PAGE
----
- The Washington Times - Monday, January 22, 2007

Bolton returns

John R. Bolton has left the United Nations and, apparently, the government as well. But you can still hear his refreshingly blunt views on the world body, Iran, North Korea, Israel, Iraq and pretty much anything else. Of course, now it will cost you.

Mr. Bolton is the latest star to sign on with the Washington Speakers Bureau (WSB), a for-profit talent booking firm that books speakers such as former Secretary of State Madeleine K. Albright, entrepreneur Donald Trump, George Bush impersonator Steve Bridges, sports hall-of-famers and best-selling business authors.

The former U.S. ambassador to the United Nations “provides a lucid and candid survey of world trouble-spots, discussing U.S. economic and security interests in these regions and identifying where the next areas of concern could potentially arise,” according to his blurb on the WSB Web site. “Bolton also discusses how these areas of unrest could influence the political landscape in the U.S.”

Mr. Bolton, a plain-spoken and untamed conservative who delighted in sassing his diplomatic colleagues and sparring with the press as U.N. ambassador, undoubtedly will give convention organizers their money’s worth.

WSB declined to say what it will charge for a couple of hours of Mr. Bolton’s time, but sources familiar with the speakers’ circuit said it probably was in the $30,000-plus range.

Eye on U.S.

It wouldn’t be hard to imagine what former U.S. Ambassador to the United Nations John R. Bolton, a fierce defender of U.S. sovereignty and no fan of the new U.N. Human Rights Council, would say about the upcoming U.S. visit by Martin Scheinin, the HRC’s special rapporteur on counterterrorism laws.

Mr. Scheinin, a constitutional law scholar and human rights specialist from Finland, requested permission to visit the United States to monitor how human rights are affected by recent anti-terrorism legislation. A visit is tentatively scheduled for late May.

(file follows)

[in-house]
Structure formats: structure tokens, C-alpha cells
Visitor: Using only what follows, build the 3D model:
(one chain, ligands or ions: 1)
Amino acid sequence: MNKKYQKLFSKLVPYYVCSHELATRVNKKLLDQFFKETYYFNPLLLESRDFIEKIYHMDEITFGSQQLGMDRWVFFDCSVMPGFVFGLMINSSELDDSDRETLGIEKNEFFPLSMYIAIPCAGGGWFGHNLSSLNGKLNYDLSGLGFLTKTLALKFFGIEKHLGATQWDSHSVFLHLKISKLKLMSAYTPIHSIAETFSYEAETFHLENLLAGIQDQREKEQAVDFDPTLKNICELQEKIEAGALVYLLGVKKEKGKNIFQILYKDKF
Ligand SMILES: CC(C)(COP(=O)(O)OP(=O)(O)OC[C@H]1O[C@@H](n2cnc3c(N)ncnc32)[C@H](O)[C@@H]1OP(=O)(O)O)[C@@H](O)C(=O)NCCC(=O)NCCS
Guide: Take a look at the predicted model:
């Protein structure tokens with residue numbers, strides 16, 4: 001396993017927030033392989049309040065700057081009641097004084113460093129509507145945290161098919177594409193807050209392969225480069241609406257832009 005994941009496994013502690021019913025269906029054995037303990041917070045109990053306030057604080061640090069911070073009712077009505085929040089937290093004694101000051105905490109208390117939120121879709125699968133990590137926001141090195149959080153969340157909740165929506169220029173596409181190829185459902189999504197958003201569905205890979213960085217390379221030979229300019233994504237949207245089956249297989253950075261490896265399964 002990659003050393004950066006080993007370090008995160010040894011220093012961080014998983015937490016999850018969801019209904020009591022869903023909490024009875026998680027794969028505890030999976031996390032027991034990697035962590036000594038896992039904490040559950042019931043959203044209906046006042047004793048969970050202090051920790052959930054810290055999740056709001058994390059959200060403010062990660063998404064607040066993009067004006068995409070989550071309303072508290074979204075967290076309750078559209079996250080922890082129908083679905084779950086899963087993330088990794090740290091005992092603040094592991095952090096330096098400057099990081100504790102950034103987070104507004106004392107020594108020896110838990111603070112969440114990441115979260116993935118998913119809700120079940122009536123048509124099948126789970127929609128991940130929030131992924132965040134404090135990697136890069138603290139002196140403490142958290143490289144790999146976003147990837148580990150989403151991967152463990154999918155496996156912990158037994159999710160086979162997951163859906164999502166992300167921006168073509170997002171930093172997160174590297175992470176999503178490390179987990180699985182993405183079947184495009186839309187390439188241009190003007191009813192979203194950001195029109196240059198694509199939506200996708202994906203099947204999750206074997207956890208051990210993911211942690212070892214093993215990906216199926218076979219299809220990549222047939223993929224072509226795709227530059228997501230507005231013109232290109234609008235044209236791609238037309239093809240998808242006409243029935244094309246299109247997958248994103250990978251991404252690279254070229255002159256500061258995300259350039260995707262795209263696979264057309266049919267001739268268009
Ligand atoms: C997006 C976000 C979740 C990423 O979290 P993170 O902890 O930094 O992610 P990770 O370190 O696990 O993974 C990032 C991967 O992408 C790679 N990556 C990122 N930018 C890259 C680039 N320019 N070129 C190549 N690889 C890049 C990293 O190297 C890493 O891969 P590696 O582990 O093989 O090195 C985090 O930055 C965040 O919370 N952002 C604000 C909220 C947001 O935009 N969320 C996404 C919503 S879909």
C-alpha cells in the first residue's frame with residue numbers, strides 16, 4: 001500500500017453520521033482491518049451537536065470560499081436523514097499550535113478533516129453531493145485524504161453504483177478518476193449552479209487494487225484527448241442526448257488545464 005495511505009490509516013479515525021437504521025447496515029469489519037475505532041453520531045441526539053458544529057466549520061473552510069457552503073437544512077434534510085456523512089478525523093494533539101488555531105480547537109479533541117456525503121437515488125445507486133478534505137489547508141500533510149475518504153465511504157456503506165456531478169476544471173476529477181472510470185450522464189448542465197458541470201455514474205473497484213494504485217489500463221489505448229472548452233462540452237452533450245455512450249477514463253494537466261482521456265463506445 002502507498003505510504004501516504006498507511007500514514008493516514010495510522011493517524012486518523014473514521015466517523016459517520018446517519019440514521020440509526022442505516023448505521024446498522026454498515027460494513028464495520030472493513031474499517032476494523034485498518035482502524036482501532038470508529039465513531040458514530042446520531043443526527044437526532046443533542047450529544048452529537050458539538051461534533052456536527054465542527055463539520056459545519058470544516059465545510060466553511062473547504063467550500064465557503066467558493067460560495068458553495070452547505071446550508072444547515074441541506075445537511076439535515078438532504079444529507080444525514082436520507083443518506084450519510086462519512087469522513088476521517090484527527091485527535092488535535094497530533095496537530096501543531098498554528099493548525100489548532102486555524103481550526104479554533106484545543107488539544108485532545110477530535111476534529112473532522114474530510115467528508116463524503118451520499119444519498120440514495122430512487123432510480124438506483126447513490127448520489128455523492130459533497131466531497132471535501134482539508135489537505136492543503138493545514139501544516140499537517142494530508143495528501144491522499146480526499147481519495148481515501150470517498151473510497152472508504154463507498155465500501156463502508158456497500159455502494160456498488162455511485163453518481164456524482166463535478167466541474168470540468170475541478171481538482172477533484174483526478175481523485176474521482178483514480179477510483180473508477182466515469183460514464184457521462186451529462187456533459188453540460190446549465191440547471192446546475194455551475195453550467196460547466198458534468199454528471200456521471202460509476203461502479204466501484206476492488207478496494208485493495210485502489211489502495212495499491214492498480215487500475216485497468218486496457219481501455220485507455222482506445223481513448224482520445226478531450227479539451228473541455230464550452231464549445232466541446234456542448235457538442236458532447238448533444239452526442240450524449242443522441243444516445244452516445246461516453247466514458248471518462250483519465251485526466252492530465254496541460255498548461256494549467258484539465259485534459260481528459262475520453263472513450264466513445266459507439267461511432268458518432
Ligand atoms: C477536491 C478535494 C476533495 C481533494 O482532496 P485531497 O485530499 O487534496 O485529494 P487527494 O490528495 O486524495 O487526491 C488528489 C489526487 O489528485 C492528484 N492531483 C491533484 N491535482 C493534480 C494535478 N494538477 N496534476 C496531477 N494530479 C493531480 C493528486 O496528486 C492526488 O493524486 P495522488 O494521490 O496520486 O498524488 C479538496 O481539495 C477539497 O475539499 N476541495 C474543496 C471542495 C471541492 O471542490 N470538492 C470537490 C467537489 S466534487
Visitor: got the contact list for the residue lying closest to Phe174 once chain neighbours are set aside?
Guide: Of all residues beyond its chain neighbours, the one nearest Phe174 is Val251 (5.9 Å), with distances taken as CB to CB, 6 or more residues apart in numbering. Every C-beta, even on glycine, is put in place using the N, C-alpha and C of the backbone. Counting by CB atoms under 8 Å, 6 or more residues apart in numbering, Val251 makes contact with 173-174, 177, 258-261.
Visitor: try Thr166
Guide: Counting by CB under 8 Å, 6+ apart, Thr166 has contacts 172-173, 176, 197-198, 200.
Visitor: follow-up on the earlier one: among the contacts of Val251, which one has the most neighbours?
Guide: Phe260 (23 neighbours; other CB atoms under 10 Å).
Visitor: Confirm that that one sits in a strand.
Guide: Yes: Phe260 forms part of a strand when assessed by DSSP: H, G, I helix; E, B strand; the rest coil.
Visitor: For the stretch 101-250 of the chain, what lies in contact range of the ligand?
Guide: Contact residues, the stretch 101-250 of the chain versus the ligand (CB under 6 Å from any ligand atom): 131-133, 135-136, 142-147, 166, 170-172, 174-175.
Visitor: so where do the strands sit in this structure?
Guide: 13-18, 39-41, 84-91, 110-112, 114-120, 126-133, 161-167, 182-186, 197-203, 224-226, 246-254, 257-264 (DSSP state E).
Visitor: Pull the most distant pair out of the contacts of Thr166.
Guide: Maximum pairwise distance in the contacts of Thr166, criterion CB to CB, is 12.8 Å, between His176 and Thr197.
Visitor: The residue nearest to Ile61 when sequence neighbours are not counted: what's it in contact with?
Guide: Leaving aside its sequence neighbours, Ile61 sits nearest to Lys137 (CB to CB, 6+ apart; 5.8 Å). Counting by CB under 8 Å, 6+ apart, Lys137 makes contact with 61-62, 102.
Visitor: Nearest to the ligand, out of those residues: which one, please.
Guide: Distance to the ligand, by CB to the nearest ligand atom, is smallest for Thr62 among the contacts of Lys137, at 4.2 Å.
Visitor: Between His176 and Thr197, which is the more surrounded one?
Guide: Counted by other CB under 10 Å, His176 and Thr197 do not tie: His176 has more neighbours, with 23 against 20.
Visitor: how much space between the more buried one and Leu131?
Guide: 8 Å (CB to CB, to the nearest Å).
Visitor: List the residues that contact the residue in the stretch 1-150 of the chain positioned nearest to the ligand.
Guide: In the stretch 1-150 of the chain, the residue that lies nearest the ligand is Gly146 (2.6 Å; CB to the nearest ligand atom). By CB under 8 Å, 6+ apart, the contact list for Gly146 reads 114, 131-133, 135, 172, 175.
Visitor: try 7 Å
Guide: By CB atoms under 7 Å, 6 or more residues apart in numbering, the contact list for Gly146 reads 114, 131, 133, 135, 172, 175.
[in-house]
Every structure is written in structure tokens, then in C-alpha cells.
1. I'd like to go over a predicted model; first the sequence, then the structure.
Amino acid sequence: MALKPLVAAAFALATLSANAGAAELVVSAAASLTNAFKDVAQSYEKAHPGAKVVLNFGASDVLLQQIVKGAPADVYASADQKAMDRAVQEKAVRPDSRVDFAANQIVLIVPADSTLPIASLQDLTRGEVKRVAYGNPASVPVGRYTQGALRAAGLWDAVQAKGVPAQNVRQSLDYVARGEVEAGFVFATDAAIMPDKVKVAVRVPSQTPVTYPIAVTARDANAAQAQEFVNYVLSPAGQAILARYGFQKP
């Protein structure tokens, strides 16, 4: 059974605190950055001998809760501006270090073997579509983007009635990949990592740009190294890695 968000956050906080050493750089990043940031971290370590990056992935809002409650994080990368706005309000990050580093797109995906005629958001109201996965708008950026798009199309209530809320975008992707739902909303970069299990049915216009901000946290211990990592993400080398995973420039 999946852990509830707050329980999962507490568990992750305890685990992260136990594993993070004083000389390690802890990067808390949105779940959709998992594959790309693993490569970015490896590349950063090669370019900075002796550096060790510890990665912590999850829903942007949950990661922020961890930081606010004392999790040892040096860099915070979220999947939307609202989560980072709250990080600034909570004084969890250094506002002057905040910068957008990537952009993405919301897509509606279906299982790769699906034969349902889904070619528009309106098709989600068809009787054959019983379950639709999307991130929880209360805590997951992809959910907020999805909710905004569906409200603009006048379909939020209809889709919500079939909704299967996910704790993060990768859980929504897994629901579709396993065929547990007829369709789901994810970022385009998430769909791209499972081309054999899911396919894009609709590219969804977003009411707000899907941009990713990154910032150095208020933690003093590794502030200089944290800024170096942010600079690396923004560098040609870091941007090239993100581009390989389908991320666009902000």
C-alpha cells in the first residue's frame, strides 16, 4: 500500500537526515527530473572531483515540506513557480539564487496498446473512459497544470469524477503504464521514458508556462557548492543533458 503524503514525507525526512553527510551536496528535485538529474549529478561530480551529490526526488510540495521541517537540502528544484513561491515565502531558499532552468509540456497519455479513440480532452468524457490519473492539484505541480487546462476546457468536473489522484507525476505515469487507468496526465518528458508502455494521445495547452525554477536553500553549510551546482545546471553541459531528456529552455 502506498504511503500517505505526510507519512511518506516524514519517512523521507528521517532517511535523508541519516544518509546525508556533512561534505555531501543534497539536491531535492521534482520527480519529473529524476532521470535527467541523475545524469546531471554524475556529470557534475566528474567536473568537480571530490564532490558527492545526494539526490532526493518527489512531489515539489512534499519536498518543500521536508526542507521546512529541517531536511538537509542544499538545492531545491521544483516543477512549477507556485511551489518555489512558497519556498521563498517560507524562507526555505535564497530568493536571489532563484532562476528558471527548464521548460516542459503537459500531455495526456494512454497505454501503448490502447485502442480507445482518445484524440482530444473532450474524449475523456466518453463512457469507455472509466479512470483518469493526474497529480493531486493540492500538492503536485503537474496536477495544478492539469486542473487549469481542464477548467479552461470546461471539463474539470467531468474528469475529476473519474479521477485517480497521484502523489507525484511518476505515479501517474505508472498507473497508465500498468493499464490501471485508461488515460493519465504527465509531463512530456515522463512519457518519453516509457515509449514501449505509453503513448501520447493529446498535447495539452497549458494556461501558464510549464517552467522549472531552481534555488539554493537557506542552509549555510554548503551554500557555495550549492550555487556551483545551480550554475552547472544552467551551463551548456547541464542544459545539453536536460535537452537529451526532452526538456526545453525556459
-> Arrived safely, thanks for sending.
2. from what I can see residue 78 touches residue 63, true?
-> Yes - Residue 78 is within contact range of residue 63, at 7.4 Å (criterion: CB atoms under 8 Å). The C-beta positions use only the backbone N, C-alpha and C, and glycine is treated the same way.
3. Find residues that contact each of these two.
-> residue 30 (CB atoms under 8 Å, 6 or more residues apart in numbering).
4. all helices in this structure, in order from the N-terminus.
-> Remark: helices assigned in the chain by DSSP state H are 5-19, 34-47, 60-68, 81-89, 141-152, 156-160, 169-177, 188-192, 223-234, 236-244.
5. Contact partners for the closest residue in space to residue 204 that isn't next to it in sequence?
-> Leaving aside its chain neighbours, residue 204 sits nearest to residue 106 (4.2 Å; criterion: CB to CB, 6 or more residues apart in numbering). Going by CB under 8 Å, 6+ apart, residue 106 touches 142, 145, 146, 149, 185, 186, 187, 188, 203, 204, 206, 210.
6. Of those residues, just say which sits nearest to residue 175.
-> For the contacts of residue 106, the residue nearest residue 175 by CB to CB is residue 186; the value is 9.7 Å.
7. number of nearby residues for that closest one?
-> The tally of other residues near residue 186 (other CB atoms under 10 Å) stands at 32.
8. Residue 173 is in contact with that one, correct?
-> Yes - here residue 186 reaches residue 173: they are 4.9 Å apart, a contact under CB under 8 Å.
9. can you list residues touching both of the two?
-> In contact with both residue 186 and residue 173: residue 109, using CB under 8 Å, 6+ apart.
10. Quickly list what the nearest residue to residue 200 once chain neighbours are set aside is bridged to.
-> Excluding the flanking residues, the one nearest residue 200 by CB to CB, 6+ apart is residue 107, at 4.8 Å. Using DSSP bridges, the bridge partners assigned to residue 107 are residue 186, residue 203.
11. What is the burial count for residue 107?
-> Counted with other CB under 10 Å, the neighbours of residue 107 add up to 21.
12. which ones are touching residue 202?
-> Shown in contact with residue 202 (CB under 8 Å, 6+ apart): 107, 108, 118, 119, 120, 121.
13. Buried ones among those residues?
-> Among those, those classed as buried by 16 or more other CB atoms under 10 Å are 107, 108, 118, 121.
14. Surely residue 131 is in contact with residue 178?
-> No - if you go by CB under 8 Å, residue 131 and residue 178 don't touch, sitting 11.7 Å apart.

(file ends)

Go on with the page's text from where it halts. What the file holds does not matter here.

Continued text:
“I look forward to having an open and constructive dialogue with the government, the judiciary, lawyers, security and law-enforcement personnel, nongovernment organizations, civil society and all other relevant actors in order to study and discuss U.S. counterterrorism laws, policies and practices,” Mr. Scheinin said.

“I intend to examine, in depth, issues regarding the detention, arrest and trial of terrorist suspects and the rights of victims of terrorism or persons negatively impacted by counterterrorism measures,” he said.

Human rights specialists on capital punishment, freedom of religion, Internet child pornography and women have visited the United States in recent years.

World traveler

U.N. Secretary-General Ban Ki-moon leaves Wednesday for his first international trip, a 10-day swing that will take him to Paris (a pledging conference for Lebanon’s reconstruction); Addis Ababa, Ethiopia (an African Union summit, where he will push for international peacekeeping efforts in the Darfur region of Sudan and in Somalia); to Kinshasa in the Democratic Republic of the Congo (to review peacekeeping action).

While he is gone, the U.N. bureaucracy is likely to issue a collective sigh of relief: Advisers to Mr. Ban say he will not make or announce any personnel changes while on the road, because he will be focusing on the work at hand.

But staff on the 38th floor, which is already starting to reflect the new boss, will continue to work on the complex task of selecting personnel for department heads and other key posts. Contracts for the 60-odd assistant secretaries-general and undersecretaries-general expire at the end of February.

“My intention is to finish, if possible, all the appointments at one time,” Mr. Ban told reporters last week, raising the tantalizing image of moving vans lumbering through the U.N. compound’s gates and circling the fountain where black limousines usually idle.

Betsy Pisik may be reached via e-mail at bpisik@washingtontimes.com.

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